Overdraft Debt And Your Scottish Trust Deed
15th October 2012
A bank overdraft can be incredibly convenient. They allow people to deal with short-term cash needs quickly and simply. The credit provided is usually fairly expensive, but despite this we seem to be making increasing use of this type of debt (according to debt data from the charity CCCS). As credit cards and bank loans become more difficult to obtain, more and more people are relying on long-term overdraft debt to help manage their finances.
When enquirers contact a debt adviser for help with setting up a Scottish trust deed they frequently fail to mention their overdraft when listing out their debts. One reason may be that overdrafts are seen as being temporary in nature (being cleared when payday comes around for example) and therefore not “real” debts such as credit cards or bank loans. Another reason is that many people would prefer to keep their existing bank account during a protected trust deed and fear that including their overdraft will result in the account being closed. Some people are simply unsure whether overdrafts might have to be left out if they have been recently used.
All debts that exist on the date of signing a trust deed in Scotland should be included. This includes your overdraft. If you have an overdraft you will be expected to make your trustee aware of this debt along with all of the others.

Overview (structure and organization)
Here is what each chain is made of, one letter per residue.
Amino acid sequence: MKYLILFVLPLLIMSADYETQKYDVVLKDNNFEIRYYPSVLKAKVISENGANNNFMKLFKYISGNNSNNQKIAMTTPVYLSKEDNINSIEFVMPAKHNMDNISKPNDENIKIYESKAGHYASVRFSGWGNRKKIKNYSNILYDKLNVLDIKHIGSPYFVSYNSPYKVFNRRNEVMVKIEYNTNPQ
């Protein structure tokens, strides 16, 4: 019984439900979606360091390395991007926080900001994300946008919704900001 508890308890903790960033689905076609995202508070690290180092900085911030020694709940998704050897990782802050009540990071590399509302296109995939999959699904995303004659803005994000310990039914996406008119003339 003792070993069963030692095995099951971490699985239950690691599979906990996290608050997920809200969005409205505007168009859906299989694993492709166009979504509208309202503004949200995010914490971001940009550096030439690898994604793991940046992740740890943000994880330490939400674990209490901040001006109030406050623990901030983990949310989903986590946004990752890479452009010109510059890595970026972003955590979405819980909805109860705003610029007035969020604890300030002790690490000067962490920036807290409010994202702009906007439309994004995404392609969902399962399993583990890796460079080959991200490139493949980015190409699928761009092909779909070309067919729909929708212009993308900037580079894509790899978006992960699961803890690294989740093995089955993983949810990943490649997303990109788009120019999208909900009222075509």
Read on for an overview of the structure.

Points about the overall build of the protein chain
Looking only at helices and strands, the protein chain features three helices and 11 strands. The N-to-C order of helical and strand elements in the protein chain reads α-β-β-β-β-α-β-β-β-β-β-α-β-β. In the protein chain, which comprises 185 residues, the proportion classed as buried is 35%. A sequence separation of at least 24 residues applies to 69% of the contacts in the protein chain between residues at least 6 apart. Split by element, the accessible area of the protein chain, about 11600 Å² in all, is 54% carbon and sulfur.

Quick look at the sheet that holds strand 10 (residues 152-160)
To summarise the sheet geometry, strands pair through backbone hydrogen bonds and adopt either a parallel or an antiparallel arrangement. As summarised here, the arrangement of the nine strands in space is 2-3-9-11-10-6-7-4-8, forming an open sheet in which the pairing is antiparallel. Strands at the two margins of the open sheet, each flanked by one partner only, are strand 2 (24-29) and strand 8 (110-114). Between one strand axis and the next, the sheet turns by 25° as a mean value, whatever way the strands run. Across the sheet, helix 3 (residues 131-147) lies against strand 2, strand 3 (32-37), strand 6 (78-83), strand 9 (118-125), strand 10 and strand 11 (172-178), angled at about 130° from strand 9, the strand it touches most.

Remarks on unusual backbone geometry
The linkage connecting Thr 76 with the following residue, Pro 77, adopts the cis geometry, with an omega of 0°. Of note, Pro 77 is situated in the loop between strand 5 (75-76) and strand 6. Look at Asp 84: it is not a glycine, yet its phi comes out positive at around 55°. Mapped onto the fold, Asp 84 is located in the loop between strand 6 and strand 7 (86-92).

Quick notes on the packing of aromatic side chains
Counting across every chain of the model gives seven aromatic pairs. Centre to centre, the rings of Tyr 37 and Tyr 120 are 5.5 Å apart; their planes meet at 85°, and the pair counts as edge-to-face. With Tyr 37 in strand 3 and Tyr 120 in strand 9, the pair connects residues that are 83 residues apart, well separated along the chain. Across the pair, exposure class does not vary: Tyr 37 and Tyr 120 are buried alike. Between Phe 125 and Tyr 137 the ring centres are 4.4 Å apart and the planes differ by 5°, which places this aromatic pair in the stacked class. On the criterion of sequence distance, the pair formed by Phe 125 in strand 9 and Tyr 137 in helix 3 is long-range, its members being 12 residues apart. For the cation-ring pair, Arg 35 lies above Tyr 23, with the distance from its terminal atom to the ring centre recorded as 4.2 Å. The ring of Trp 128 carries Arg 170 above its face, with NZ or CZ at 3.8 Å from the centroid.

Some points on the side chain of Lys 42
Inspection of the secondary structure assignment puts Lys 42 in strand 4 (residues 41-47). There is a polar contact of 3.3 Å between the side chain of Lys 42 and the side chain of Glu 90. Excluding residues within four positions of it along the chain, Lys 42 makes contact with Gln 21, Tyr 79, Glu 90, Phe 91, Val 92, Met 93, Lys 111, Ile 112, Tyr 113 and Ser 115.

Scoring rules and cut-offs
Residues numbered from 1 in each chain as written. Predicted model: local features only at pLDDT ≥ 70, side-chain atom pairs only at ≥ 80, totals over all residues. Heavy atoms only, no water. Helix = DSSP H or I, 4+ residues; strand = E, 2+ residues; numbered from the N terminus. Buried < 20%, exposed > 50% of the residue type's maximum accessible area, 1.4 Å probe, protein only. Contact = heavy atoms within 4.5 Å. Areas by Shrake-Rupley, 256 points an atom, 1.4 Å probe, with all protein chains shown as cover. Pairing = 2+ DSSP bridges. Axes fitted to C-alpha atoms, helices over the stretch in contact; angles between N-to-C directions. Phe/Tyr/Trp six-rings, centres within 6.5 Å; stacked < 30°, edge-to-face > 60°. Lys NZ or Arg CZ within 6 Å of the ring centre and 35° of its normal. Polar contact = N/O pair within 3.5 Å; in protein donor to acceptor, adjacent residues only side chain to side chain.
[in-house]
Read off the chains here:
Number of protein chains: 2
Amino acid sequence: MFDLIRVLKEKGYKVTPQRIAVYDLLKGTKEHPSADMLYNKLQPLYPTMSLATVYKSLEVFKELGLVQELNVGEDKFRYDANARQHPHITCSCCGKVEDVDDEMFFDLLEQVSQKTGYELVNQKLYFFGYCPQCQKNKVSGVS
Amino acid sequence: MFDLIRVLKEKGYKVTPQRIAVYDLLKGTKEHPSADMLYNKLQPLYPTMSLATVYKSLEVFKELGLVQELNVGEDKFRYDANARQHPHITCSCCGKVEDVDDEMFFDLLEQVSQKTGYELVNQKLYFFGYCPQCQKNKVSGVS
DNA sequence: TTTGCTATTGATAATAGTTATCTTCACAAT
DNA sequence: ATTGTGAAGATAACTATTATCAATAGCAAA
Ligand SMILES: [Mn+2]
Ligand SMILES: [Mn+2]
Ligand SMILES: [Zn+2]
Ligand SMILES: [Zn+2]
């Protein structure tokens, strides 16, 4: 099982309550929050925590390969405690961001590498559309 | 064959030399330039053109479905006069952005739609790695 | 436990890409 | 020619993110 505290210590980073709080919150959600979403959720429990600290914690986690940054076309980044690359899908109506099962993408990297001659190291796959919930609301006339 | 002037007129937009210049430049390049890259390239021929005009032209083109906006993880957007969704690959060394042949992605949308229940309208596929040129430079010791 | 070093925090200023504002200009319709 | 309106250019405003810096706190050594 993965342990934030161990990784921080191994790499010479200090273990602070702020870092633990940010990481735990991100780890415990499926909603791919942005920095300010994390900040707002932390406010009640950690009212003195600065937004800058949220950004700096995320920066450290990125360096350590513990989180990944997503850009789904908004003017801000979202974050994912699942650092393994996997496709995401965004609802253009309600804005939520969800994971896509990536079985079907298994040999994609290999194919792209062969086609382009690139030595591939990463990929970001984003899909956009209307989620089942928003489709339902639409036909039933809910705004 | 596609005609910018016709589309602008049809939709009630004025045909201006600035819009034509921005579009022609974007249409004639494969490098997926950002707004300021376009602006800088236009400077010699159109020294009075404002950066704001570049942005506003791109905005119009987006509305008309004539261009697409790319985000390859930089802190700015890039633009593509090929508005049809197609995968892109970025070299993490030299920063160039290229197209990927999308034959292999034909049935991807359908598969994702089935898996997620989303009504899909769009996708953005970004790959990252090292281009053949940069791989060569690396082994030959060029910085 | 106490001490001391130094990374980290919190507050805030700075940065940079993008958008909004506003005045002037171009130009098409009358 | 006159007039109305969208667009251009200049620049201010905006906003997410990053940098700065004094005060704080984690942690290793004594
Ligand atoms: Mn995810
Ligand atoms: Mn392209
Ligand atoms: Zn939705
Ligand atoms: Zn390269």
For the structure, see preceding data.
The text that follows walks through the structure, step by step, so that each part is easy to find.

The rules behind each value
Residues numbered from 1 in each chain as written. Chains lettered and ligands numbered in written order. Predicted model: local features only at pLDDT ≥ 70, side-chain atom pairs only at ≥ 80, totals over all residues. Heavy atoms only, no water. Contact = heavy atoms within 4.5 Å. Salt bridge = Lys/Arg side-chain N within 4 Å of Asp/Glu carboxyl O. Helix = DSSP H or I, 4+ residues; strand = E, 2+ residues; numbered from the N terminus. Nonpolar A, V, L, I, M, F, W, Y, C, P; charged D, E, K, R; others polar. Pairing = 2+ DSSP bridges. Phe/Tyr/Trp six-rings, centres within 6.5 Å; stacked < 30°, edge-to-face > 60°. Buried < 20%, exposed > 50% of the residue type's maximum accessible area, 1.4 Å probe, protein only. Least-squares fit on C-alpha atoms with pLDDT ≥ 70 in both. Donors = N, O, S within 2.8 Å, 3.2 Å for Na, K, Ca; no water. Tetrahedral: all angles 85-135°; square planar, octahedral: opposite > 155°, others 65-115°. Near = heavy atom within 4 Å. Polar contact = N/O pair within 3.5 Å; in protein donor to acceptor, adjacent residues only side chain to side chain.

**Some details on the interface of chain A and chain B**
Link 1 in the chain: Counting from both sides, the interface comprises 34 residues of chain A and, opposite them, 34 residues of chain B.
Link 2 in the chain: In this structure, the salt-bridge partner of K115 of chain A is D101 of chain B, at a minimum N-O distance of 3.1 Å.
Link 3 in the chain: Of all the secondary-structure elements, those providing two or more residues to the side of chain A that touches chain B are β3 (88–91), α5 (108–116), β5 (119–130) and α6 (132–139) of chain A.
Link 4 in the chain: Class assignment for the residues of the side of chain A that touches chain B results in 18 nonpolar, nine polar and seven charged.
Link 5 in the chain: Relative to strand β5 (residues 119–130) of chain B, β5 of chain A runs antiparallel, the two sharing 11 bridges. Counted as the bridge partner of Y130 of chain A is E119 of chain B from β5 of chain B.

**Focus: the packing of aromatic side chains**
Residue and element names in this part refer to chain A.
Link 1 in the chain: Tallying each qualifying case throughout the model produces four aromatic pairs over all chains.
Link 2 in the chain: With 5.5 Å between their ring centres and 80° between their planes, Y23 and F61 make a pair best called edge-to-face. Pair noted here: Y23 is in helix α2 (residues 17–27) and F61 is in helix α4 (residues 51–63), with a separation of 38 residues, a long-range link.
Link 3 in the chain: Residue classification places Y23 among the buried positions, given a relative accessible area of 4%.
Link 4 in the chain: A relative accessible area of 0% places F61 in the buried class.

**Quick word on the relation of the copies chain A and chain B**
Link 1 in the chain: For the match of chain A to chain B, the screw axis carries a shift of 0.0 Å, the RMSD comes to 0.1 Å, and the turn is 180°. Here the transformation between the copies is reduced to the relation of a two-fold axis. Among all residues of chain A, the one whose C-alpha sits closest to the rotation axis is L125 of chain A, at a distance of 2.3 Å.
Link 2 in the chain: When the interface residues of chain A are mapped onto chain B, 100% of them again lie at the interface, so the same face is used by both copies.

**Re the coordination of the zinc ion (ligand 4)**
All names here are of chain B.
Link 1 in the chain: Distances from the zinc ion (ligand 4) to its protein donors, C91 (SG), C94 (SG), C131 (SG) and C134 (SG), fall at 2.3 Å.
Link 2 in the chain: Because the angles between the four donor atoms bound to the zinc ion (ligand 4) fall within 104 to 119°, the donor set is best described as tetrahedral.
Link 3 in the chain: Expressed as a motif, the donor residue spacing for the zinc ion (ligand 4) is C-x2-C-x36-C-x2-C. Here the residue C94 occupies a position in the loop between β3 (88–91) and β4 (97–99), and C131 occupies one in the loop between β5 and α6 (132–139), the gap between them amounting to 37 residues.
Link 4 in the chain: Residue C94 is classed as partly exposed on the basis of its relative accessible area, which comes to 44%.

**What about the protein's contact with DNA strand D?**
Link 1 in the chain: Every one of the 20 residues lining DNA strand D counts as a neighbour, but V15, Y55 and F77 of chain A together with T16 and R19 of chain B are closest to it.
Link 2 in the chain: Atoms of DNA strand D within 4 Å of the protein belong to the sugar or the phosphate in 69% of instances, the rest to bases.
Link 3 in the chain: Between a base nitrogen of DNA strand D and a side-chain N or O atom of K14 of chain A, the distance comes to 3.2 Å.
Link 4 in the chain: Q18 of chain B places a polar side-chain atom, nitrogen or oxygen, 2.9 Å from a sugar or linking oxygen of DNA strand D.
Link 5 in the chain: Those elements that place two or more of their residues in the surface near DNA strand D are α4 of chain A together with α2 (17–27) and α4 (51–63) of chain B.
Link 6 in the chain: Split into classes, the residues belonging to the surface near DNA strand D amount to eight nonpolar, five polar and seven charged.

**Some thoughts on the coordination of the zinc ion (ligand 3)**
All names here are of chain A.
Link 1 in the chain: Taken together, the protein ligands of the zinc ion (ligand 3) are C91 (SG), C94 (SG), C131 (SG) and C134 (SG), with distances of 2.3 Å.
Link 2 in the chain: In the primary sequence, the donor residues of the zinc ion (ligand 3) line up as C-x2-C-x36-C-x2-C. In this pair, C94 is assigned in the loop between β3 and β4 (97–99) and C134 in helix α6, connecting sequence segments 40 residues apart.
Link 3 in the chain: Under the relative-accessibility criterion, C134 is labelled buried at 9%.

For many people this means they will have to open a new bank account prior to commencing with a trust deed. If you fail to do so you are likely to find your existing bank account closed suddenly (which will normally cause much inconvenience for you until a new one is opened).
It’s important to specifically select a bank account that does not offer an overdraft facility as the banks typically only offer their basic accounts to people that have entered a protected trust deed. If you carry on using an existing account with an overdraft facility (even if the bank is not a creditor in your Scottish trust deed) you may find that the account is later suddenly closed or the overdraft withdrawn without notice. Even if this does not happen you may find that the interest costs cannot be met by your budget during your debt arrangement, which might then place you in a parlous financial position all over again.
Remember that if you have a joint overdraft the other person will remain fully liable for all of the debt even if your trust deed becomes protected. This will not be a problem where both parties are signing trust deeds, but where this isn’t the case remember that the other person will need to have a plan in place to deal with the entire debt still.
Is it possible to obtain a bank overdraft once you have completed your Scottish trust deed (and been discharged from it)? There is no clear answer to this question as it will depend upon individual circumstances and the discretion of the bank that you apply to. However, we have had several Trust-Deed.co.uk forum members report that they have accessed bank accounts with overdrafts once their credit rating begins to improve (in the months and years after their discharge).